It’s one of the great unsolved mysteries of the Crusades and one to ponder if you get bored with your family’s company over the Christmas dinner – which I am sure you will not. But just in case!
The story unfolds in the 1160s. Jerusalem had been in crusader hands since 1099 and a string of Christian states had been formed encompassing such cities as Antioch, Tripoli and Gaza. There was both a constant fear of attack by the Muslim caliphate but also a curious if uneasy co-existence with the enemy.
When King Baldwin III of Jerusalem suddenly and unexpectedly died, it was said that the Muslim governor of Aleppo – Nur ed-Din – publicly grieved for the young man. His brother, Amalric, took the kingdom as there were no children to inherit and set about planning an attack on Egypt. The Fatimid rulers of that country were divided and weakened and Amalric calculated that if he didn’t try and seize the Nile with its huge bread basket, then Nur ed-Din would certainly have a go. Either the crusaders or the Turks would rule in Egypt.
Amalric’s subsequent campaign in Egypt relied on Templar support and it didn’t go well. While Amalric was occupied in the Nile delta, Nur ed-Din attacked Antioch to the north. The ruler of that crusader domain, Bohemond III, was lured into a familiar Saracen retreat and then attack trap, which killed many Templars. The experience of Amalric’s activities in Egypt and Bohemond in Antioch made the Templars think that in future they might rely on their own knowledge of battlefield tactics instead of the more impetuous Latin princes.
The Templars were able to act with some independence as the Papal bull Omne Datum Optimum meant they answered only to the Pope and not to any king or prince. However, somebody must have failed to give a copy of that document to Amalric because when he discovered a band of twelve Templar knights who had decided to abandon a castle in TransJordan to Nur ed-Din rather than face heavy losses, he hanged all of them. This completely poisoned relations between Amalric and the Templar Grand Master, Bertrand of Blanquefort.
So when Amalric announced he wanted to have another go at Egypt, the Templars stayed put – even though the Hospitallers, rivals to the Templars, agreed to go. This bad atmosphere continued into 1173 when Amalric began talks with the leader of the notorious Assassins, a messianic group based in Syria. They were fanatical Ismailis who attacked Christians and Sunni Muslims alike, taking out senior figures whenever the opportunity presented itself. But they were shy of attacking the Templars – and maybe rightly understood these knights were made of sterner stuff.
Instead – and incredible as it might seem – the Assassins paid the Templars an annual tribute of 2,000 Bezants (high value coins) to be left alone by the knights! In the 1160s, Sinan – leader of the Assassins and known as the Old Man of the Mountain – announced that the end of the world and the resurrection of the flesh had arrived. This was heretical to Christians and Muslims but led the Assassins into a constant orgy – by all accounts – where hedonism ruled.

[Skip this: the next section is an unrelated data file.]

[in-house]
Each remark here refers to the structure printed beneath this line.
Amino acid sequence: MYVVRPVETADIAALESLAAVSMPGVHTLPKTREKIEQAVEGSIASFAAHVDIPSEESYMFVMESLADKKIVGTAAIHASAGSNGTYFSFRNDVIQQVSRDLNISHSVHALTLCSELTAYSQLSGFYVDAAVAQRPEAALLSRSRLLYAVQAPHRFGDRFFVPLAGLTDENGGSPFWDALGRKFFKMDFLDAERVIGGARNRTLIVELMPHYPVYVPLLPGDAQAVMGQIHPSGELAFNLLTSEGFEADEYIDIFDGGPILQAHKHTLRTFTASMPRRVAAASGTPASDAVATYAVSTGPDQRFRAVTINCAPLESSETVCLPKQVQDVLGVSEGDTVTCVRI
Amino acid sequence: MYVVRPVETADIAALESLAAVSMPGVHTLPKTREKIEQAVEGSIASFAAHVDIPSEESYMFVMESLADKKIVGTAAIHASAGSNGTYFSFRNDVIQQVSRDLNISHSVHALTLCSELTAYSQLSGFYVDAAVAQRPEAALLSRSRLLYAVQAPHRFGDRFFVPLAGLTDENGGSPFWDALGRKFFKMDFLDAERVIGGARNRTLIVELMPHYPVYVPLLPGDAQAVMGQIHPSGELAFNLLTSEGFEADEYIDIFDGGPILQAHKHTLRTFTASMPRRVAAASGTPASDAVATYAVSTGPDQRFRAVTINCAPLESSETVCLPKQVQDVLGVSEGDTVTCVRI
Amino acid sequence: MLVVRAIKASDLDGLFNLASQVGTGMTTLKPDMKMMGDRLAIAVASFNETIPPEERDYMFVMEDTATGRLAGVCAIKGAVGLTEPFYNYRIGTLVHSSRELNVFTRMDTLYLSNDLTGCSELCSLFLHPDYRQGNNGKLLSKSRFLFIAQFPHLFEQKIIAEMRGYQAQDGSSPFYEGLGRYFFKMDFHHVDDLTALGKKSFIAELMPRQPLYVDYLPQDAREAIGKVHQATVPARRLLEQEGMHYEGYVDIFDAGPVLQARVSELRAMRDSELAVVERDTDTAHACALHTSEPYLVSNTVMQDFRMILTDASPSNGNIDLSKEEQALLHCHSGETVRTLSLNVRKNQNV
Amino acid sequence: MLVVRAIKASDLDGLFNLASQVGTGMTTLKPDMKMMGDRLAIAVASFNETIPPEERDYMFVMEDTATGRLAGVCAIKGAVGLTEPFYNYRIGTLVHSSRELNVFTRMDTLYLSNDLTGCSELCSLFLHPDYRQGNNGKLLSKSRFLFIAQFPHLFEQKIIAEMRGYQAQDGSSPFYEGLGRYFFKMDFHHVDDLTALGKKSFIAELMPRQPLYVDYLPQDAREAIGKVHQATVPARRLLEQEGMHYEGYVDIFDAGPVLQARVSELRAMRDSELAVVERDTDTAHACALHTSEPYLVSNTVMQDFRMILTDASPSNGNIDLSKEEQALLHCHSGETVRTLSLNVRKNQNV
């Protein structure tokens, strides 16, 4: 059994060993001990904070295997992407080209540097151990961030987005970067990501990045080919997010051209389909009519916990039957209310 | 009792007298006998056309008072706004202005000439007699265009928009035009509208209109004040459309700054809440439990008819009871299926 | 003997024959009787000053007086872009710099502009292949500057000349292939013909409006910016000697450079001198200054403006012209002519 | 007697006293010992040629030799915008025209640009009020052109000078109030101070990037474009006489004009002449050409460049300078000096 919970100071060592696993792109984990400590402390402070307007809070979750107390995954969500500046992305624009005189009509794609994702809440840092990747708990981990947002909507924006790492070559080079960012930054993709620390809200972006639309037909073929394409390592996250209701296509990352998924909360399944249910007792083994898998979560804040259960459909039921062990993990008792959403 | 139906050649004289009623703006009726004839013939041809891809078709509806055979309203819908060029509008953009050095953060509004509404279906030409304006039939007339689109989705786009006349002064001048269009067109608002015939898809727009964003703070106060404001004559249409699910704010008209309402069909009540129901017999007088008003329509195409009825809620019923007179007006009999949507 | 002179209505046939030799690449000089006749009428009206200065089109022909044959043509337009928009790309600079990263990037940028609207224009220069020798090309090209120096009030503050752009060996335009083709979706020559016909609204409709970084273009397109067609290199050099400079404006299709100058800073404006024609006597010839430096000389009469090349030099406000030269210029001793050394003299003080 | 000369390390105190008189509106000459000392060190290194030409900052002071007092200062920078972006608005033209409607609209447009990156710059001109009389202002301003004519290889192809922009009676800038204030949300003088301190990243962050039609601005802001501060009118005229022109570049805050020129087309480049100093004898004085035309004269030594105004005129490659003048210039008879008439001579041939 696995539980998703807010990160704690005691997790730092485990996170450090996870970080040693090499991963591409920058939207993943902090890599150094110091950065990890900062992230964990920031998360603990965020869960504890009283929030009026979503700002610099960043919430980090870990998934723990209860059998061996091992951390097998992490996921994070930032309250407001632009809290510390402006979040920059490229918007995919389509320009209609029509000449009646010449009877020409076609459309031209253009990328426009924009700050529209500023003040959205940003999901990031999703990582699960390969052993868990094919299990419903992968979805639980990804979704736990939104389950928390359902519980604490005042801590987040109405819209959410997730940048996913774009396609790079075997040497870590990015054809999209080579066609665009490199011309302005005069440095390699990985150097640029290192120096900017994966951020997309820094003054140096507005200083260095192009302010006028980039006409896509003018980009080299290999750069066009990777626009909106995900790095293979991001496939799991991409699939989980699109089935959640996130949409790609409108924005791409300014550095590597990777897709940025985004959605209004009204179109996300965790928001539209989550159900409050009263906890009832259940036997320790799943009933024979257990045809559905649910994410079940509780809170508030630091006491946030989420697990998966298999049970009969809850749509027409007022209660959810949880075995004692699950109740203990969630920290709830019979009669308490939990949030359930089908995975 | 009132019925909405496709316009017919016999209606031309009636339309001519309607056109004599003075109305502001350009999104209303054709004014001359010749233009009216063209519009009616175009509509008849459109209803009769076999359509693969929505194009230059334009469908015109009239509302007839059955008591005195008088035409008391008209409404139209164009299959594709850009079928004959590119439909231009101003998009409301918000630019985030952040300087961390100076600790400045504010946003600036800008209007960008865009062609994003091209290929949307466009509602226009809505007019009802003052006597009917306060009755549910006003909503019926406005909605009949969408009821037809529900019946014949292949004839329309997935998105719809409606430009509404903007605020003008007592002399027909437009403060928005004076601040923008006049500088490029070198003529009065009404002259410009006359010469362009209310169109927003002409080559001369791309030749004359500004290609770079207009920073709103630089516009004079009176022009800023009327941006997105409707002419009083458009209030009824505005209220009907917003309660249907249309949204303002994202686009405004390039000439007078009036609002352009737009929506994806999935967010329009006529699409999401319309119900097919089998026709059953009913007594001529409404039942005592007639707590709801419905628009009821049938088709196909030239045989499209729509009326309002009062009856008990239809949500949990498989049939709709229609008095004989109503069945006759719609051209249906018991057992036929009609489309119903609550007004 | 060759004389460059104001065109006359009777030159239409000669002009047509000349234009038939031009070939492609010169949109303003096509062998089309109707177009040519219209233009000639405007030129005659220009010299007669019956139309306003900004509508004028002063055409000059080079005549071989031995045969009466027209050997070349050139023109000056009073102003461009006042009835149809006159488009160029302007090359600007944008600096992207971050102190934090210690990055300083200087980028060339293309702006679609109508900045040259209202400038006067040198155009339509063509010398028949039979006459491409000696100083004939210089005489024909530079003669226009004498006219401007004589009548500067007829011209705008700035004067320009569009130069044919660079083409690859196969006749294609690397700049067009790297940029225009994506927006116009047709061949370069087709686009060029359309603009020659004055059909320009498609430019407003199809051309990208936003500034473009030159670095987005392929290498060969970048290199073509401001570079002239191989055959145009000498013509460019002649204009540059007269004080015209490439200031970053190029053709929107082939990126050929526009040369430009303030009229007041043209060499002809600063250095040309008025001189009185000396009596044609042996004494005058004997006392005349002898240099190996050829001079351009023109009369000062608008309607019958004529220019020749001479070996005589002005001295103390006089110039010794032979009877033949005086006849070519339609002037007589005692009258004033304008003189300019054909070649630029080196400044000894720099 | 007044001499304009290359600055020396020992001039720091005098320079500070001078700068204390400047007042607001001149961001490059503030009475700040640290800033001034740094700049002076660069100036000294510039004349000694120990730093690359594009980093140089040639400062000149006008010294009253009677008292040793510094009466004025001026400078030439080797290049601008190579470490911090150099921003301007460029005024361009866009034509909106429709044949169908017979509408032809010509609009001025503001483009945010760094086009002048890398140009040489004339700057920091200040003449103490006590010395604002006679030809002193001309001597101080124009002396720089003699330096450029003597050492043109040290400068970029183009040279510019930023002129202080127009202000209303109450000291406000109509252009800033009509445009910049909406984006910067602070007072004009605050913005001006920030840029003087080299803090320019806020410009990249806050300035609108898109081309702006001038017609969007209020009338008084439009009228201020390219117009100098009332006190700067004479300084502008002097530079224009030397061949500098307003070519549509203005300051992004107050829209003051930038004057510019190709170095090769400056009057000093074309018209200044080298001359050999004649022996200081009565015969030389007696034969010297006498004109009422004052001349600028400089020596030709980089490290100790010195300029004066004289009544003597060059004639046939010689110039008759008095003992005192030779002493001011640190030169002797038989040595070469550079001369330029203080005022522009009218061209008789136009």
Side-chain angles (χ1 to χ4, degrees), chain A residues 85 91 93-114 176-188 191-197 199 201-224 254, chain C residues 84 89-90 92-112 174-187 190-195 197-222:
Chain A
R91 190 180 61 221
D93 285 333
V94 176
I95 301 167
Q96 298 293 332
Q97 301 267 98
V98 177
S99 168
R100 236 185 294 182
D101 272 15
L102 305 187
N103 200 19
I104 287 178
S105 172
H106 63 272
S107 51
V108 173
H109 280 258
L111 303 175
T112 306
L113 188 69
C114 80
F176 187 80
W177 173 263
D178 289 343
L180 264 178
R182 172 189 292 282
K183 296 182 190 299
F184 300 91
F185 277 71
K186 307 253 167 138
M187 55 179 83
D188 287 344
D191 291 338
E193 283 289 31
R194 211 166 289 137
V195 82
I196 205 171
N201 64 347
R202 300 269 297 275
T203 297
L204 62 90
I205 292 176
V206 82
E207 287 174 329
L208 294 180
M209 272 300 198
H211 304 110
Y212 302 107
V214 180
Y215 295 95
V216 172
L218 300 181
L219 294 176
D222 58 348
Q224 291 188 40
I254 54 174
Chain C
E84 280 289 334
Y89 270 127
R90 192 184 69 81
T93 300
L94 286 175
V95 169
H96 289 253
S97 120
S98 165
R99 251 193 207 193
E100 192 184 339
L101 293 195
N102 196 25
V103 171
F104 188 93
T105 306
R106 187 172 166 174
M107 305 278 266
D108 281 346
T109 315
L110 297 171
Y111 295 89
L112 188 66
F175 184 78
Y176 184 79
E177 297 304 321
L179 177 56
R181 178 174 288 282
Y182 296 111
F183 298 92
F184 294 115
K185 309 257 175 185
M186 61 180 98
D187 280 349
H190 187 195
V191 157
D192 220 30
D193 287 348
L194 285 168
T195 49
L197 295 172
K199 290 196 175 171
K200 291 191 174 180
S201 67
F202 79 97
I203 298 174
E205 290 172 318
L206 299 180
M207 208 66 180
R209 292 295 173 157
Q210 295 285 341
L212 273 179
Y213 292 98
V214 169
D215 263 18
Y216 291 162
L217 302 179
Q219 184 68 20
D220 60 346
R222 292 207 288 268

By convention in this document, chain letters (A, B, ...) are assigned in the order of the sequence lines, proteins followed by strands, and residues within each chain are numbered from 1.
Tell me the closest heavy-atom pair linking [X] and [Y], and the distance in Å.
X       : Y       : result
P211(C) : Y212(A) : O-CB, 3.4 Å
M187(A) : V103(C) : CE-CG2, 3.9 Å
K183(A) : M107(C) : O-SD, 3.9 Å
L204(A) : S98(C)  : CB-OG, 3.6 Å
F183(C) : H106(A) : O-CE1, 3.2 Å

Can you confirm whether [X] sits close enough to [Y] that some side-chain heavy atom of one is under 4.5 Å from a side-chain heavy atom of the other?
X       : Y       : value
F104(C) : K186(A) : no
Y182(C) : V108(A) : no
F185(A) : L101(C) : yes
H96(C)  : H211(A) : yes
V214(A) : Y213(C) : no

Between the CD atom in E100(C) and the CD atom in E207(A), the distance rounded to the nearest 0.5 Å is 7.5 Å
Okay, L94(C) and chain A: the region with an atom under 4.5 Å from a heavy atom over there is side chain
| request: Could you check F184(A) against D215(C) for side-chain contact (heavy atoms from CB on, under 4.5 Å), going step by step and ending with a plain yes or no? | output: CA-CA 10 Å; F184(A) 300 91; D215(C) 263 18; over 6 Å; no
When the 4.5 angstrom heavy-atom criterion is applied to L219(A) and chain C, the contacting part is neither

Breaking off from one of these orgies, Sinan sent out feelers to Amalric saying that he was up for converting to Christianity. The king of Jerusalem was overjoyed and guaranteed safe passage to an envoy from Sinan to visit him. But en route, a group of Templar knights attacked the messenger from Sinan sending the traveling party of Assassins scurrying back to their leader.
Amalric was incandescent with rage. It was bad enough that the Templars were acting in an increasingly independent spirit but to attack the Assassins when they were offering to convert to Christ seemed outrageous and nonsensical. He ordered the arrest of the Templar who had led the attack, Walter de Mesnil.
The Templar Grand Master was noticeably circumspect about the whole incident though it’s hard to believe Walter acted in isolation like some kind of rogue Templar – most analysts believe he must have been ordered to undertake the attack.
The chronicler William of Tyre, who despised the Templars, wrote very cattily that the order was just worried about losing its 2,000 Bezants a year if peace were made with the Assassins. Walter Mapp scribbled that the Templars didn’t want peace – because it would destroy their whole reason for being. The order craved war and destruction, he wrote.
But others have been kinder. It just might be that the Templars understood the Assassins better than Amalric. They knew that the crafty Sinan was up to no good. He was an unscrupulous murderer who had dipped his hands in Muslim and Christian blood. When Amalric died, he was succeeded by Raymond III. His father had been slain by the Assassins and so all talks were Sinan were abandoned.
Nevertheless, down the years the opinions on the Templar attack on the Assassins have remained divided. Was it naked self interest or the advancement of the crusades that lay behind their act?